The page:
News from Nicaragua and Iran, of the dethroning of Somosa and the Shah by
popular movements in those countries.  Inspiring news.
Consciousness-raising news.  In Jean¹s words, "people decipher the foreign
news, and digest it in their own culture? and they start responding.  We
send them newsmen, journalists, to pick up information.  They come to the
station to give us information.  People start living the daily news.  For
them, information? this became their life."

Fledging people¹s movements started to arise all over Haiti.  Things
started heating up around Duvalier¹s palace.  So much so that on November
28, 1980, the Ton-Tons Macoute invaded Radio Haiti, destroying the
station¹s equipment, arresting Jean¹s wife Michelle Montas and his
daughters, and forcing Jean into the sanctum of the Venezuelan Embassy and
finally into exile in New York with Michelle for the next six years.

But the grassroots movement that Jean helped create continued to grow and
erode Baby Doc¹s power.  Days after Duvalier finally fled Haiti for asylum
in France, on February 7th 1986, Jean and Michelle returned to Haiti.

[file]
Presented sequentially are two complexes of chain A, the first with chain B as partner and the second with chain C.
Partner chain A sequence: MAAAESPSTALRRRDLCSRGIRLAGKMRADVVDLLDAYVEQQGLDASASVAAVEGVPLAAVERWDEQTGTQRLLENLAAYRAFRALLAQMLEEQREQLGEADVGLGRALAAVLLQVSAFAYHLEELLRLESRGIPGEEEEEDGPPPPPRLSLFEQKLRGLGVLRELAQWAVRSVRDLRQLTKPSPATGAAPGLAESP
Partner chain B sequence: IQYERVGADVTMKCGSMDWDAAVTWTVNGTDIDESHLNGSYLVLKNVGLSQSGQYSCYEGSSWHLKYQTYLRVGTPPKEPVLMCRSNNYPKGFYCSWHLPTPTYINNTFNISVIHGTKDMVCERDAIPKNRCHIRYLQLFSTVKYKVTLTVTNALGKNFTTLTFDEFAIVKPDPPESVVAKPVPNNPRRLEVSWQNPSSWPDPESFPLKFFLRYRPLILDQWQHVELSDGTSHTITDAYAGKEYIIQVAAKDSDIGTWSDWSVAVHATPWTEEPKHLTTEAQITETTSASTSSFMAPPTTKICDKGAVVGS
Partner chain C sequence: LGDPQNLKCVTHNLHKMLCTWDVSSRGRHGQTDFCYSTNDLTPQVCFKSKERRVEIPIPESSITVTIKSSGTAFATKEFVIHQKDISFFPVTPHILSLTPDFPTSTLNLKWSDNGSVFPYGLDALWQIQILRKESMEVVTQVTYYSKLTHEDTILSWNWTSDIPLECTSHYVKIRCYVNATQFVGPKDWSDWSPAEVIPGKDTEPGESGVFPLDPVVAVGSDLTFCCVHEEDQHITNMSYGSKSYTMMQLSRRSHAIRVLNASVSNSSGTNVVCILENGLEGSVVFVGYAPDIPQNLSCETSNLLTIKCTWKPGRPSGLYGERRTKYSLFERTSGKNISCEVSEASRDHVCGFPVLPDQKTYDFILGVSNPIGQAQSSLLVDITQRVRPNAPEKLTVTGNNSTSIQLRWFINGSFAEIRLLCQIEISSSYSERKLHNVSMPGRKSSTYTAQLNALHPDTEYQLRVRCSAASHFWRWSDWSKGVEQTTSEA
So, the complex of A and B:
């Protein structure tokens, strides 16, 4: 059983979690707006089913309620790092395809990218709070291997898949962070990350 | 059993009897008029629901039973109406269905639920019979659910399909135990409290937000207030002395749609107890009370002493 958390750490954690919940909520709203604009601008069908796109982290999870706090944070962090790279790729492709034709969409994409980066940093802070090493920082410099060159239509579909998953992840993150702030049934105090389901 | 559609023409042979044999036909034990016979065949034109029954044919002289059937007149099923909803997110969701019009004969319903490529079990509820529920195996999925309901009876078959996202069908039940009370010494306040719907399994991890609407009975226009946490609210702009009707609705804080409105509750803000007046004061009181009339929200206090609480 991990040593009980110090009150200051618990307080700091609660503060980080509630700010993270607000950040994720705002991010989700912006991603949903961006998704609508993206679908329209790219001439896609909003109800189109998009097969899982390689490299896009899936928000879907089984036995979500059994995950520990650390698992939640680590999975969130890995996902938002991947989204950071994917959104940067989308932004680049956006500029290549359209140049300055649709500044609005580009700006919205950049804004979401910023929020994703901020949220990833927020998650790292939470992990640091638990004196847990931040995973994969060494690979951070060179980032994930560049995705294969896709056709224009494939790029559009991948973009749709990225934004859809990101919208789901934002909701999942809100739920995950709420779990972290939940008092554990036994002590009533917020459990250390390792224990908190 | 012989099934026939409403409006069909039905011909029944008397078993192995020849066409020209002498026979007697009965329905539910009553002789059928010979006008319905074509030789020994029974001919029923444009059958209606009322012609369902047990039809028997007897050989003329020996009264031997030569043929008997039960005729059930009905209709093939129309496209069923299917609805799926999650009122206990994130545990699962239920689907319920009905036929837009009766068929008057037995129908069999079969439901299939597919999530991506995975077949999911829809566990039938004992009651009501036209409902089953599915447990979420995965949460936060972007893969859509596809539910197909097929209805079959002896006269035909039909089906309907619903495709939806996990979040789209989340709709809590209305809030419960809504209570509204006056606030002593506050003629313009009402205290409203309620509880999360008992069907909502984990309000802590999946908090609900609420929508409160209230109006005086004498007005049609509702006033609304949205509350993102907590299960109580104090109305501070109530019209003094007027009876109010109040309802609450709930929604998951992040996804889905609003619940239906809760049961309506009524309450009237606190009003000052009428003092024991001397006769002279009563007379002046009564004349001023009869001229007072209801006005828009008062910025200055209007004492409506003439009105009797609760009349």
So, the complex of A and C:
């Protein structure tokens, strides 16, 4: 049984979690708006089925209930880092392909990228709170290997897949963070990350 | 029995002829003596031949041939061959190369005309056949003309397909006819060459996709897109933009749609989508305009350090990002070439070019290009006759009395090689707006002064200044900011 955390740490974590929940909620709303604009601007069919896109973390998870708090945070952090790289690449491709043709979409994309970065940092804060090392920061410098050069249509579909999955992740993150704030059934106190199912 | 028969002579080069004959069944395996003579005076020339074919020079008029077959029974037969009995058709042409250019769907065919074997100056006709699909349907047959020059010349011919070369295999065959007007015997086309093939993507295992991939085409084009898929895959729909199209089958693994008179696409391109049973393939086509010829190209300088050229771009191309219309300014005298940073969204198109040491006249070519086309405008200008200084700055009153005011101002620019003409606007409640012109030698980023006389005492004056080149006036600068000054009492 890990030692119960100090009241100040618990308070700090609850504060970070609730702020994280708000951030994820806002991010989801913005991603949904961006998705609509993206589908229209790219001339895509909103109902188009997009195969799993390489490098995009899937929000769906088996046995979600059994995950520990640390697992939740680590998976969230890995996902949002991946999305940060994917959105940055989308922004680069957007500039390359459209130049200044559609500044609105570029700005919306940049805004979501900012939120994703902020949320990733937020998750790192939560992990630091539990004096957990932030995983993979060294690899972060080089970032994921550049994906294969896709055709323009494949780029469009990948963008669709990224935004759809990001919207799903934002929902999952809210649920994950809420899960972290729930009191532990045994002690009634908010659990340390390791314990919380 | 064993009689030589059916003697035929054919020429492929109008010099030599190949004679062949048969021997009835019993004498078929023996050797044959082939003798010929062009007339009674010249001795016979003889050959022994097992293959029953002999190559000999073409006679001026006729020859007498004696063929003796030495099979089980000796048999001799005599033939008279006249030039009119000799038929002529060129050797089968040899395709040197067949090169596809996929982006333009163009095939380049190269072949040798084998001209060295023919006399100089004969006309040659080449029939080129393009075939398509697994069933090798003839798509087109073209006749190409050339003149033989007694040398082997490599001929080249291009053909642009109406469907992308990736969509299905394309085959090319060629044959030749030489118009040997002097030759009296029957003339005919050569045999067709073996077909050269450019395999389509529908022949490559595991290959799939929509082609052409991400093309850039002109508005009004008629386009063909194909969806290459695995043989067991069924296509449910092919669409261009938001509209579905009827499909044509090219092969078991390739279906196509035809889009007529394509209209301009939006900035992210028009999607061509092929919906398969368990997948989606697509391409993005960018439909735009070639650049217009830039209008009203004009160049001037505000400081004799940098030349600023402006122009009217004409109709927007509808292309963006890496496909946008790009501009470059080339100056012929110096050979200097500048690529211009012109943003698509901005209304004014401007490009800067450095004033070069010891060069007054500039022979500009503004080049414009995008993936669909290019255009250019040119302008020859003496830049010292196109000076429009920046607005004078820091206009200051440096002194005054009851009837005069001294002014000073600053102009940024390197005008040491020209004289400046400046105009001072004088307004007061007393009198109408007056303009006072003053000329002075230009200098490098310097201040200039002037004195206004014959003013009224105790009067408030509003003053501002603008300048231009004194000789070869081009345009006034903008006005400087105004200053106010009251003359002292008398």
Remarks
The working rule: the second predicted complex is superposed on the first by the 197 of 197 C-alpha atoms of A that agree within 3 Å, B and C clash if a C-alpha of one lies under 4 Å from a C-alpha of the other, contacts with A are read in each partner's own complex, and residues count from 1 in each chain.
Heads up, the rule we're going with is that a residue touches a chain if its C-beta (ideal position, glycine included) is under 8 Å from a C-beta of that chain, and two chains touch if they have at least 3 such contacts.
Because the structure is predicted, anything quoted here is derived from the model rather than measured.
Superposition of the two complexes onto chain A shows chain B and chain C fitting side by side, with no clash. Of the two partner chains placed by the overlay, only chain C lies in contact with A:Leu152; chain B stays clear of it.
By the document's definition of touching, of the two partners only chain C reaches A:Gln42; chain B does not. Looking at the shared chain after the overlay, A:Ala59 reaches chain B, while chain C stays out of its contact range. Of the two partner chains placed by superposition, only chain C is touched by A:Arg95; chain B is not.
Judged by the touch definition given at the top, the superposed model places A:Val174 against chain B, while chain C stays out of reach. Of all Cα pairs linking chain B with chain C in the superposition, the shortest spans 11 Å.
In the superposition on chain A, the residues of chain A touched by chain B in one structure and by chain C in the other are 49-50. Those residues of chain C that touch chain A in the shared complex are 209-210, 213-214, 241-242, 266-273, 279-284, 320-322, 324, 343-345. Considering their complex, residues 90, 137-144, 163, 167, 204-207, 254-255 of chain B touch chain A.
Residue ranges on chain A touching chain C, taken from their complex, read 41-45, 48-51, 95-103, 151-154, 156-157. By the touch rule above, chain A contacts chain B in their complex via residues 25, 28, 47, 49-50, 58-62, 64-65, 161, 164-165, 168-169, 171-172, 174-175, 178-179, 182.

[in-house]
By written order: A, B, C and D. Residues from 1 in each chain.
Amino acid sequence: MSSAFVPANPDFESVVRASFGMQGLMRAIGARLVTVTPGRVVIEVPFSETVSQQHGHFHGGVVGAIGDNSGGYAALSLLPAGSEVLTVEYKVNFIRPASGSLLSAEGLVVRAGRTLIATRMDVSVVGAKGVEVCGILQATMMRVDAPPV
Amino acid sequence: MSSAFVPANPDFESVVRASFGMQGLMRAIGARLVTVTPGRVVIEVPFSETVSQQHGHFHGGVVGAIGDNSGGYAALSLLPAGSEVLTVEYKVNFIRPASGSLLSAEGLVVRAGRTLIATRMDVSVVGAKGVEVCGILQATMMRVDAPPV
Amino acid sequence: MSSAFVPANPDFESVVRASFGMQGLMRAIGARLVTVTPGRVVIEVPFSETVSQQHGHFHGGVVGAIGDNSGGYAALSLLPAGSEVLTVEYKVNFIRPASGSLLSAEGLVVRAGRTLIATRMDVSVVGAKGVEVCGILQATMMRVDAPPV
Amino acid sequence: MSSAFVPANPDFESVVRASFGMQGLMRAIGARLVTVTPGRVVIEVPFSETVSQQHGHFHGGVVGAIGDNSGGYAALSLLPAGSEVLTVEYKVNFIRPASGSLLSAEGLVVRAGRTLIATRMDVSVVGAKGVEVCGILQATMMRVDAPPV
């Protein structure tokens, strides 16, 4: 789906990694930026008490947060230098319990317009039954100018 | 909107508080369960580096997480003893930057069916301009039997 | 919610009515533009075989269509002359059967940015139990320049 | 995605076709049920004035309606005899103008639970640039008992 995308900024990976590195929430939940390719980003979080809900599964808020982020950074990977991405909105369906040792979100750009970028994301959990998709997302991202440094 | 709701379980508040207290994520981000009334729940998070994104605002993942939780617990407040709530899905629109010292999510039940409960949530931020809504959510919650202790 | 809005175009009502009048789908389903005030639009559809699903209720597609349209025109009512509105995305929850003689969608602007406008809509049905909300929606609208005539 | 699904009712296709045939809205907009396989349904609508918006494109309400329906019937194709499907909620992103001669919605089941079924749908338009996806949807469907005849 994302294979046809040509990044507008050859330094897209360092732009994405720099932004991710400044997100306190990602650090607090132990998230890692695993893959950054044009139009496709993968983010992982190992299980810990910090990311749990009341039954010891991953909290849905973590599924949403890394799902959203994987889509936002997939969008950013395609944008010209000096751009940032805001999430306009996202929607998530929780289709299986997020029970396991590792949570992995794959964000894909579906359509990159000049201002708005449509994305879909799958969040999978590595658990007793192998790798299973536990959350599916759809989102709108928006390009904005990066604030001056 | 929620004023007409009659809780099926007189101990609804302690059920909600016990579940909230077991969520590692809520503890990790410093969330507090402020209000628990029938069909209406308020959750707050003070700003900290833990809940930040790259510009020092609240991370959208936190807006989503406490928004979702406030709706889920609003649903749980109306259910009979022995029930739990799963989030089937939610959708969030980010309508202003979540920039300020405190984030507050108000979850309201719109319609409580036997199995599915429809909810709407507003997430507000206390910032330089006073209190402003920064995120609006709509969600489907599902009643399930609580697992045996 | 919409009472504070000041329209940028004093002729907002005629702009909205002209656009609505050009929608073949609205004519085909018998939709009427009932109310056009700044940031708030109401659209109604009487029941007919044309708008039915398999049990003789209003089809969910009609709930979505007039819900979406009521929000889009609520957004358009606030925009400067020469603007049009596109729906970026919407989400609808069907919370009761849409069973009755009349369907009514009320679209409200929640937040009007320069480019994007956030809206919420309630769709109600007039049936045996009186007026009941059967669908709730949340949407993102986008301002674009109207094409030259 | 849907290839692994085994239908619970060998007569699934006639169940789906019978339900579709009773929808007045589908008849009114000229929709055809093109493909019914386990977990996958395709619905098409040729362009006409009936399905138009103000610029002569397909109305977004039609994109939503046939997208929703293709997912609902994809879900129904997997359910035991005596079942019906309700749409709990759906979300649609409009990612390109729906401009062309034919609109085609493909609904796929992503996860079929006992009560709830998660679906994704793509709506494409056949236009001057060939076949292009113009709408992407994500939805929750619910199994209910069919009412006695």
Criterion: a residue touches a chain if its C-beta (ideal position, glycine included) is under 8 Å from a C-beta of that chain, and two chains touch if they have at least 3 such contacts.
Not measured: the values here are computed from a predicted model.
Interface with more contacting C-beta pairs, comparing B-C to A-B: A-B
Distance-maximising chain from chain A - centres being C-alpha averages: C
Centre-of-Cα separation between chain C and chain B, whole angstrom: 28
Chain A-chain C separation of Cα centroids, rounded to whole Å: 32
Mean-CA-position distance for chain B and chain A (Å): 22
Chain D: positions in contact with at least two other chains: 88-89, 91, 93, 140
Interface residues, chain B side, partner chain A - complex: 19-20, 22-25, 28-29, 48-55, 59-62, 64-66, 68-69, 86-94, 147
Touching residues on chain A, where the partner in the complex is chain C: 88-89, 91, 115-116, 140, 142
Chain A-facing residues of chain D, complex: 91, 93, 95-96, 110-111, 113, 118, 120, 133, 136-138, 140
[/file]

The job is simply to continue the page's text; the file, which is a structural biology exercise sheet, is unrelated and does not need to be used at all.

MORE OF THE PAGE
Tortured under Papa Doc, exiled under Baby Doc, 70,000 people were at the
airport to welcome Jean Dominique home from exile.  The crowd escorted Jean
and Michelle to the radio station for a jubilant and spontaneous
celebration that spread throughout the surrounding streets for miles.  With
an avalanche of donations ­ more of them measured in cents than in dollars
­ the equipment was repaired and bigger transmitters installed.  With the
promise of Haiti¹s first presidential election scheduled for one year hence
­ a lifelong dream ­ Jean Dominique was back on the air.  With no lurking
secret service in evidence to "play cat and mouse" with, Jean ratcheted up the
ante, spewing Creole, people power, unbridled criticsm of the still
deeply-entrenched dynasty Duvalier left behind, and scathing indictments of
the United States¹ efforts to "discreetly" continue the American control of